I was trying to change my microphone's jack into my headphones with mic jack by cutting my microphone's wire and connect it to my headphone jack's wires. But these 4 color coded wires makes me confused, The red, blue, green, and the wire that has a normal color. And also my microphone has 2 separate copper wires. I Think one of those wires is the ground wire. Please help me. Thank you so much.


There are usually 4 wires with headphones (those with microphones included) - usually red (right) green (left) black (ground) and white (mic). You want to double check this with your specific model, shown further down. In essence you want to leave your headphones mic disconnected and rather connect the white (if it is mic) to one of the 2 microphone wires - the positive one. If you know which mic wire is ground, then connect that to your headphone jacks ground too - the remaining one should be positive.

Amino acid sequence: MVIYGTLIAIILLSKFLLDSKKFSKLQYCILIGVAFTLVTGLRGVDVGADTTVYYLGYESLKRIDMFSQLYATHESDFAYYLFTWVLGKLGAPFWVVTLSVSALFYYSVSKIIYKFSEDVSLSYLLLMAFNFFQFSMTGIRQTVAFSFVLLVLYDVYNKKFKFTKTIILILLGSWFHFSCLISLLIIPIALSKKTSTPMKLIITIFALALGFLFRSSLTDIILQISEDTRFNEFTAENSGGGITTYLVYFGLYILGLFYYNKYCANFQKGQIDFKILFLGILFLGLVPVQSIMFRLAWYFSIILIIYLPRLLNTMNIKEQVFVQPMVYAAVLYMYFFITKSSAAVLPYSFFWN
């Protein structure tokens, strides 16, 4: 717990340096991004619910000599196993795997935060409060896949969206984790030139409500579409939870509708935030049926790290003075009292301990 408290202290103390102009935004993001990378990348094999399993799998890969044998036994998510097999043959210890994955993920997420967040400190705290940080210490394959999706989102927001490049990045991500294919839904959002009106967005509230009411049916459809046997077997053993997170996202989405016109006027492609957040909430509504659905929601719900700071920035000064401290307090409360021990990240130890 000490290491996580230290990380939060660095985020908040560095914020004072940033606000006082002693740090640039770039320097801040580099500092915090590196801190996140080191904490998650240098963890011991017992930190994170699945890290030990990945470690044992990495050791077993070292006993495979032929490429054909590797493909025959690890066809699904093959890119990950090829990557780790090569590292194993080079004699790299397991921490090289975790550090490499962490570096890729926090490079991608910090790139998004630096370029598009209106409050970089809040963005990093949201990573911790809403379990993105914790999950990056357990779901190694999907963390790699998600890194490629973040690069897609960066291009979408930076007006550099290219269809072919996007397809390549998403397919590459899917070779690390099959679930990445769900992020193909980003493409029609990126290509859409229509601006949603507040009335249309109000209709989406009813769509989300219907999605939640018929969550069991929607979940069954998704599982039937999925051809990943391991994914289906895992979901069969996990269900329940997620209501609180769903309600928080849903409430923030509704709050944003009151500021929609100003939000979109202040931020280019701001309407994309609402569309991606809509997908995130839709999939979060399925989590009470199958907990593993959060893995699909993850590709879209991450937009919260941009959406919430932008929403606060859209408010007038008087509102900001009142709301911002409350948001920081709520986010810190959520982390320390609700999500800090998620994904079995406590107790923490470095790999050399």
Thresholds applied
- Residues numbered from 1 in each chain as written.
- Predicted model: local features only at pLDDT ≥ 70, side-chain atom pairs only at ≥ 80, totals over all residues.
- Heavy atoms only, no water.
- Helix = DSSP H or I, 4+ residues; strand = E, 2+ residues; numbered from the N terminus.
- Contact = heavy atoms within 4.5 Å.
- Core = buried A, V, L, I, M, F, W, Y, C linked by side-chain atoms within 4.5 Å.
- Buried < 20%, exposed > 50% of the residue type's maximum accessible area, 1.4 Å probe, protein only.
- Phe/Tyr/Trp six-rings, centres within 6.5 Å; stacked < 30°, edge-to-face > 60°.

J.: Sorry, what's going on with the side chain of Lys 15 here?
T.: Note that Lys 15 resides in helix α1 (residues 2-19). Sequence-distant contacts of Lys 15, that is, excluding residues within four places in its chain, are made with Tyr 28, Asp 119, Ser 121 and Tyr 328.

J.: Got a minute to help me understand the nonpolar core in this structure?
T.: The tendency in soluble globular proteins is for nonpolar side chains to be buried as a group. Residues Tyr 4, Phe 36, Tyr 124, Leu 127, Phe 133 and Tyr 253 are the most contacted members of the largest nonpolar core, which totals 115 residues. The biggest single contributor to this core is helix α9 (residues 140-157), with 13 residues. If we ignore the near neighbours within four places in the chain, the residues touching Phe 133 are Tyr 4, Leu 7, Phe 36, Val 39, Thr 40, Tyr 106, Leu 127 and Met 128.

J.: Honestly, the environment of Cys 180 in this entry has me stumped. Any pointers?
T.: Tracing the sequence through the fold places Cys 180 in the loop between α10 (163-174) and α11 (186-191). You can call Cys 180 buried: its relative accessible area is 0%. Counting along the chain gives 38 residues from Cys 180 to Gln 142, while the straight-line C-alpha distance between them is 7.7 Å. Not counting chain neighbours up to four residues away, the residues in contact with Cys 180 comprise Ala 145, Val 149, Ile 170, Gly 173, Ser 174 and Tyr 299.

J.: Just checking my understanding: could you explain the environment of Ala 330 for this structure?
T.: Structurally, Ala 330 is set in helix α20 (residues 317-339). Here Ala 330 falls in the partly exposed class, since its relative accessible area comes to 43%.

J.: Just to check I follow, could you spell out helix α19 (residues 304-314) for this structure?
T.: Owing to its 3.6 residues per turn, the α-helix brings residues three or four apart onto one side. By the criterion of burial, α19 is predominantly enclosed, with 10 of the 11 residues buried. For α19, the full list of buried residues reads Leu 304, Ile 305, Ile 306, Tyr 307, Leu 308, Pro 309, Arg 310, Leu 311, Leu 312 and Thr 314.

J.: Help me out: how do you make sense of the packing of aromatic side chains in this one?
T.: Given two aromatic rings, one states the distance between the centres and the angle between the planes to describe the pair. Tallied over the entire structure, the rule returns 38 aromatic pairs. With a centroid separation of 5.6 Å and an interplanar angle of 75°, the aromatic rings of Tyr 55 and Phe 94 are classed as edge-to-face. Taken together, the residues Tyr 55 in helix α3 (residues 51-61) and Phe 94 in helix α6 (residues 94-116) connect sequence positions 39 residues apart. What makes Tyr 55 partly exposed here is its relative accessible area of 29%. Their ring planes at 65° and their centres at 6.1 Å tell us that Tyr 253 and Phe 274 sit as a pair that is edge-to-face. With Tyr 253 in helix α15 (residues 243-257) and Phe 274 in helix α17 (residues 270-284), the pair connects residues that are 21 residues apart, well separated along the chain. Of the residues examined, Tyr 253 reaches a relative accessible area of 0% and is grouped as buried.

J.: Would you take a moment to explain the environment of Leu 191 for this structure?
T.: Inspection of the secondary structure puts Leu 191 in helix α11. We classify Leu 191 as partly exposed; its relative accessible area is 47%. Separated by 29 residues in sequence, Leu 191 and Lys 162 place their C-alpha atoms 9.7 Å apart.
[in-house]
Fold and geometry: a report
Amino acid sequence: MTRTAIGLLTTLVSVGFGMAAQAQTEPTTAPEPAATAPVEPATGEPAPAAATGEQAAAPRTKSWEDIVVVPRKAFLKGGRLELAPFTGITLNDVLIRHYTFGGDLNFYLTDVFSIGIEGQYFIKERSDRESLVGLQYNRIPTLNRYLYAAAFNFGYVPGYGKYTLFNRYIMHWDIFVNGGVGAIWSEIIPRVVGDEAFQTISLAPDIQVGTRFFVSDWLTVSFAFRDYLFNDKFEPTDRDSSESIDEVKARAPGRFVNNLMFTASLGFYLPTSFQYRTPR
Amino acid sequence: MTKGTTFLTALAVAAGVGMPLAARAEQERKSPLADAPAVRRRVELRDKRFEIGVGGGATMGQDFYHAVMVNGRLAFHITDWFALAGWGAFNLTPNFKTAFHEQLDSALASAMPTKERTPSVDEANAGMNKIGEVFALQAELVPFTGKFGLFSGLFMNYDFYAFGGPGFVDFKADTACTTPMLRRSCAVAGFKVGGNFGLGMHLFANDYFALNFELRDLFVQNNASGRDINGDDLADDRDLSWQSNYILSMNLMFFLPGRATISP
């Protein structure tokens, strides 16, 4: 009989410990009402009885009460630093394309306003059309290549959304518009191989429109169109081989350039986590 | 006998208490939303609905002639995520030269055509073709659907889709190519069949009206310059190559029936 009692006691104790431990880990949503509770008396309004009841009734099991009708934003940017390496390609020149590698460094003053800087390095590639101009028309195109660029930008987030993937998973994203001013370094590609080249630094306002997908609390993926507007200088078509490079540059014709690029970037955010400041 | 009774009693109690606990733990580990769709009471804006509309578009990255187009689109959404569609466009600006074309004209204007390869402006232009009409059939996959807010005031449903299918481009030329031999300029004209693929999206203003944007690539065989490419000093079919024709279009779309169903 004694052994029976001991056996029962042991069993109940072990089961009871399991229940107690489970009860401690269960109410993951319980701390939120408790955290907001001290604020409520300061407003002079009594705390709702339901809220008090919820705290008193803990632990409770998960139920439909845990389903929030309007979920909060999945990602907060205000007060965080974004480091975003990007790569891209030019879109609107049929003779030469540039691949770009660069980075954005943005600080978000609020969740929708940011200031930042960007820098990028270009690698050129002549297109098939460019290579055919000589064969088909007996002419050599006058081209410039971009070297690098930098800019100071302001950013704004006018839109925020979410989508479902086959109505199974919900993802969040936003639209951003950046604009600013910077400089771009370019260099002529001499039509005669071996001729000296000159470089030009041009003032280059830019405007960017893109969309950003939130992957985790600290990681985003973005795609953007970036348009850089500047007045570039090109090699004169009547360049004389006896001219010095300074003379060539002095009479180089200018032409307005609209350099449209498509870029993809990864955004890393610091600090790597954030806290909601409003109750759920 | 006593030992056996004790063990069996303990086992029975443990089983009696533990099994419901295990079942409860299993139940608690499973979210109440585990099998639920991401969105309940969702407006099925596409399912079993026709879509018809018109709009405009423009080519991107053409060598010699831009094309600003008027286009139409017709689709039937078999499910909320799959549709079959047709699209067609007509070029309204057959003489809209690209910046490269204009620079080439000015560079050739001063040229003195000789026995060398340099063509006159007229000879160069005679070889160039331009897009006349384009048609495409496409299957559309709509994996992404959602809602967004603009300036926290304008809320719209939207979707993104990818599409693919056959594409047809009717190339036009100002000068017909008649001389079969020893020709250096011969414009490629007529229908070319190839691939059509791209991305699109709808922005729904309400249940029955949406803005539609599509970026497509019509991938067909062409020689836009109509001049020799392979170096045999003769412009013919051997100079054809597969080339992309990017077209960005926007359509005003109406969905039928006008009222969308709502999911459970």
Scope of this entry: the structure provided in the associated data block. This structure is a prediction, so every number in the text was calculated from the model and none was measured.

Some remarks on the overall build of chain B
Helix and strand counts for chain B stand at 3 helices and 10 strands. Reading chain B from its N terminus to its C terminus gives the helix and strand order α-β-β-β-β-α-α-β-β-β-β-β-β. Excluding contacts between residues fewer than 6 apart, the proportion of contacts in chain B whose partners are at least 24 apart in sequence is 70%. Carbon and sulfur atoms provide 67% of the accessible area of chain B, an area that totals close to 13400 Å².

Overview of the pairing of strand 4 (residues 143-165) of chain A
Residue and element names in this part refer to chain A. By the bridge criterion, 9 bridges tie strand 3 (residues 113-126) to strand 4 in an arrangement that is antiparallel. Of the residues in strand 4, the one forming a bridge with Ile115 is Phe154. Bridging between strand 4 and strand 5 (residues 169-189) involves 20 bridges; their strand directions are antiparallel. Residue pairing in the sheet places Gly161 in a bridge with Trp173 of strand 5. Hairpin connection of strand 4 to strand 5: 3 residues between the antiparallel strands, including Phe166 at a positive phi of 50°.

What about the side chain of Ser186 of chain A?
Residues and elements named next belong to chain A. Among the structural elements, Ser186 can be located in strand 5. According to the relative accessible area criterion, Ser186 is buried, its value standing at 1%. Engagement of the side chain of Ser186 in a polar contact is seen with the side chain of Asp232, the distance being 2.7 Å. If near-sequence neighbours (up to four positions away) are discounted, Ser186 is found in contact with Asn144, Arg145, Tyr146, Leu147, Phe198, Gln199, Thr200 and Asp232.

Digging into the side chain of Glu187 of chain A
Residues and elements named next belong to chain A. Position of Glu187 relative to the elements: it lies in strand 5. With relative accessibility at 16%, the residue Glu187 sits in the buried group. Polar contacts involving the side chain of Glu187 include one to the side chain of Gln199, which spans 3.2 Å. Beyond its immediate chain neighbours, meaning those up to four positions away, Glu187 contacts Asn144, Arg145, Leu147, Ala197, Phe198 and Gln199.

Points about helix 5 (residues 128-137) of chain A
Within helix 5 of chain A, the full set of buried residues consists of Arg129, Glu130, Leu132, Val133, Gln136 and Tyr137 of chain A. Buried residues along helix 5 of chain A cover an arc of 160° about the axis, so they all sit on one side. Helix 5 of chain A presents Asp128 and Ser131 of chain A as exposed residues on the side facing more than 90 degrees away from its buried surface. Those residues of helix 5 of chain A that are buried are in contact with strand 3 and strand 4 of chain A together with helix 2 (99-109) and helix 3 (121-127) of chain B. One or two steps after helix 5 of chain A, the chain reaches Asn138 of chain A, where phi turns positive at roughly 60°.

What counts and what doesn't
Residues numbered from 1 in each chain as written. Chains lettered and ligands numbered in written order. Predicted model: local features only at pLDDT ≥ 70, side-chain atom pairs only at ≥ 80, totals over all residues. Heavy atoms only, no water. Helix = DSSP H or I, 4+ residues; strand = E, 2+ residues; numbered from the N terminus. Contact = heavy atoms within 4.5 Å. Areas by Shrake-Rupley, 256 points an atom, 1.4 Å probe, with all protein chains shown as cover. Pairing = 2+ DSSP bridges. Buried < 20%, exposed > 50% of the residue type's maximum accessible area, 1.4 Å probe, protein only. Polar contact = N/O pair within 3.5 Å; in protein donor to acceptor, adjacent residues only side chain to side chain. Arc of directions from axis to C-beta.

Conventionally the 4 pole jack is as follows - imagine it pointing up as in the diagram:

| | Tip - left ear positive
| | Ring - right ear positive
| | Ring - Ground - shared ground for right/left/mic
| | Sleeve - Microphone positive
| |
___ Sleeve insulation

I suggest you put and hold a small blob of solder on the 4 wires, just enough to burn through the insulation and tin it. This isn't supposed to cut the wire, just create a conductive bit that you can confirm which wire is connected to which pin on the headphone plug - use continuity for this and create a mapping on paper to help you remember. (Word of warning - there WILL be some resistance between the two ear speaker wires and ground - since its a coil. When you check continuity, make sure the resistance is zero and not 14 or something Ohms.)

On your multimeter, check continuity between the ground and the tip, and you should hear a crackling in the right ear. Then do the same for the top right - you should get a crackling in the left ear. This way you confirm which pin is ground, and the two ears. The ear pins aren't needed for your task, but its nice to know.

Now the remaining wire is the mic - all you need to do is bridge the mic wire with that wire on the plug side, and bridge the mic ground to the shared ground. I am assuming you haven't cut off the headphone plug, and simply stripped the insulation. By the way, if you DO connect your mic, disconnect it from the headphones mic wire so there isn't interference.


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